On April 4, City Harvest kicked off its 17th annual “Skip Lunch Fight Hunger” campaign in the lobby of the Union Square branch of sponsor Citibank.
The program is meant to help bridge what’s called the summer meal gap. This occurs when school ends and some low-income children eligible for free and reduced price meals through the USDA’s School Breakfast Program and National School Lunch Program are, for the three months of the break, left without access to these daily meals.
The USDA reimburses summer meals offered at places like camps, libraries, churches and summer school programs; but eligibility is contingent upon a number of complicated factors—for starters, meal host sites need sponsors that can bring in food that’s prepared to the USDA’s specifications. As a result, in New York City, thousands of children potentially fall through the cracks.
“Skip Lunch Fight Hunger” has raised $9 million to fill them since it was launched in 2002. This year, organizers aim to raise $1.1 million in the brief five days between May 13 and 17—enough, they say, to rescue and deliver enough food to food pantries to feed 50,000 children.
It’s a tall order, but the several dozen corporate team members who convened at Citibank last week felt they were more than up to the task. Ernst & Young team captains Andrea Lavin and Nicholas Hepp shared with the crowd some of the strategies they used last year to raise $90,000—enough to move them from 5th place to 3rd over the year prior for total donations raised. These included figuring out ways to get colleagues invested in the personal stories of those they were helping, and setting up a point of sale donation at checkout in the company dining room. Their goal for this year: $100,000 and coveted first place.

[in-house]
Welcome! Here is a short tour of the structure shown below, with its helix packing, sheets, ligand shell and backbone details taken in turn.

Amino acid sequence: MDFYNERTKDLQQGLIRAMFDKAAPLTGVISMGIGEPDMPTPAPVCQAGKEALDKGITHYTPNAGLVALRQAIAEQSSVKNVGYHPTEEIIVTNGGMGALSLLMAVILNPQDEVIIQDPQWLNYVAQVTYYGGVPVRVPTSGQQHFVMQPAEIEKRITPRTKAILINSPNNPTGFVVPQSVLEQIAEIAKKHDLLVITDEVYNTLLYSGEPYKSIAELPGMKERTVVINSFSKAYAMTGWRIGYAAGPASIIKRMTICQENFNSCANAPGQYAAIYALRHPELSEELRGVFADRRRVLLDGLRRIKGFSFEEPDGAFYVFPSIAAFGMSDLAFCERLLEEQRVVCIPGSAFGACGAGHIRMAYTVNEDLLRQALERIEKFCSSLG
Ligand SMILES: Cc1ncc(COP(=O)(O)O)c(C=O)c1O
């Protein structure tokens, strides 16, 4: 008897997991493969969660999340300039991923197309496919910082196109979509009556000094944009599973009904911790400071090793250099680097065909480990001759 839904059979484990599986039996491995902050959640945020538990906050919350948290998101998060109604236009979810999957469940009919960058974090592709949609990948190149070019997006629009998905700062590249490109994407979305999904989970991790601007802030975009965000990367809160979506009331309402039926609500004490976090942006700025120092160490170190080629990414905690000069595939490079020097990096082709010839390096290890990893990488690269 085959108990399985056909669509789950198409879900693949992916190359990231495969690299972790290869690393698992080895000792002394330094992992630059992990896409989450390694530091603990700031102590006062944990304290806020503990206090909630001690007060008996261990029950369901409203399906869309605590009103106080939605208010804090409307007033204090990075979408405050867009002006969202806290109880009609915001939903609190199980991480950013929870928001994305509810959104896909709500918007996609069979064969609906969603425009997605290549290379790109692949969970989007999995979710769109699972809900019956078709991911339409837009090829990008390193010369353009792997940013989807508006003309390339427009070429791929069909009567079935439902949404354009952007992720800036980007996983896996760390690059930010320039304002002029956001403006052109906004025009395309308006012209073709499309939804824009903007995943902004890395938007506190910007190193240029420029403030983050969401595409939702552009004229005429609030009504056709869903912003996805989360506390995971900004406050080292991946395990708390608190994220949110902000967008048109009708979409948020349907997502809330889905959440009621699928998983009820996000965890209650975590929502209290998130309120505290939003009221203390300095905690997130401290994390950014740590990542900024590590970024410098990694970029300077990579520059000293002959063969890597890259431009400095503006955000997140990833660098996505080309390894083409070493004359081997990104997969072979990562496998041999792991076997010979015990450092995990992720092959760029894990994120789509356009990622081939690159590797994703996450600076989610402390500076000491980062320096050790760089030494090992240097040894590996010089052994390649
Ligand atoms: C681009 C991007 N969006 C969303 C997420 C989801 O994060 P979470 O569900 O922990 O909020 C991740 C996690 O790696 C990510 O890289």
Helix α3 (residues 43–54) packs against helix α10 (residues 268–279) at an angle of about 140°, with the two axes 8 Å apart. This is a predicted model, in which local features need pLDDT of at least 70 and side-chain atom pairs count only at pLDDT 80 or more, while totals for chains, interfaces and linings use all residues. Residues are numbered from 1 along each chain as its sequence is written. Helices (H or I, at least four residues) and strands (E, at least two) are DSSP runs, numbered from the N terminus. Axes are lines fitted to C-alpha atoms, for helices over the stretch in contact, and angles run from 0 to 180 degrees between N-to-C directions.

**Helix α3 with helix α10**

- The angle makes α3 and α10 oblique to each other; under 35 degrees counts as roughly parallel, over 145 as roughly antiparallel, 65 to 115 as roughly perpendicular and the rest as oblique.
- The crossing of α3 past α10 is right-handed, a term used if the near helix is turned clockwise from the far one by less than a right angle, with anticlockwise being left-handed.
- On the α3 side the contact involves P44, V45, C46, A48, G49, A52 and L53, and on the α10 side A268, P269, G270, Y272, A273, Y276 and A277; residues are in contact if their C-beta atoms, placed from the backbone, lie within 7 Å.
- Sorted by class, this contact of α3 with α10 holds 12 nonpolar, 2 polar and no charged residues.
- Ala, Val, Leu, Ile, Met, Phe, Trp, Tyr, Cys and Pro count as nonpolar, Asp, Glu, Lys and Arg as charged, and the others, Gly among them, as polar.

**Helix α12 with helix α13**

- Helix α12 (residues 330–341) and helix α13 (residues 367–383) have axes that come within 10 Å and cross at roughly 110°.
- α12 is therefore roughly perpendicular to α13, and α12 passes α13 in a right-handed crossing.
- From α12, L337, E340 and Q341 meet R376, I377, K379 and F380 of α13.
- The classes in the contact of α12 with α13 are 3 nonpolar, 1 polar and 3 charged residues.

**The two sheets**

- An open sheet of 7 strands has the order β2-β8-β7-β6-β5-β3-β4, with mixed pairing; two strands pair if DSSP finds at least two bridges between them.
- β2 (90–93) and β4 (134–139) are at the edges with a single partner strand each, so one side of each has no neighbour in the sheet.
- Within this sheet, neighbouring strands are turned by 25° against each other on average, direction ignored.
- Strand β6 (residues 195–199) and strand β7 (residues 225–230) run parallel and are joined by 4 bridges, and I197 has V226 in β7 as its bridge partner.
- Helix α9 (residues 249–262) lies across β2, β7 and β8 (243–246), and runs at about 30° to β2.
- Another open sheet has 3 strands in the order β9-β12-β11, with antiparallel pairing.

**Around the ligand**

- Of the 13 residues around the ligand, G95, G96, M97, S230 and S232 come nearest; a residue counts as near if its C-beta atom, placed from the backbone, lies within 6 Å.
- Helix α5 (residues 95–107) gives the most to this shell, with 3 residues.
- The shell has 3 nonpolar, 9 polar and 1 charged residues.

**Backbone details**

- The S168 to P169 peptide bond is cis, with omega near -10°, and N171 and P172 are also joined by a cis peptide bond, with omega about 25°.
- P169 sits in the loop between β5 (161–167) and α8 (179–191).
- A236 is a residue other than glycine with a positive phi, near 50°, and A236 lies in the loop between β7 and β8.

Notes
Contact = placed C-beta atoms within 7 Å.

“It’s a mission that everyone can relate to, and a problem that’s easily solvable if we can come together,” says Hepp. Adds Lavin, “We’re in it to win it.”
When former Food & Wine editor in chief Dana Cowin started “Skip Lunch Fight Hunger, “She handed out brown paper bags to her friends and colleagues and said, ‘Donate what you can,” says City Harvest director of business partnerships Rebecca Fontes. All these years later, one in five kids in the five boroughs are still not sure where their next meal is coming from and “the problem is just as bad as ever,” Fontes says. She hopes that with 200 corporate teams competing this year—Citi and Ernst & Young, as well as BlackRock, Blackstone and KPMG among them— “We’ll be able to help some of the almost 40 percent of people in New York City that can’t make ends meet.”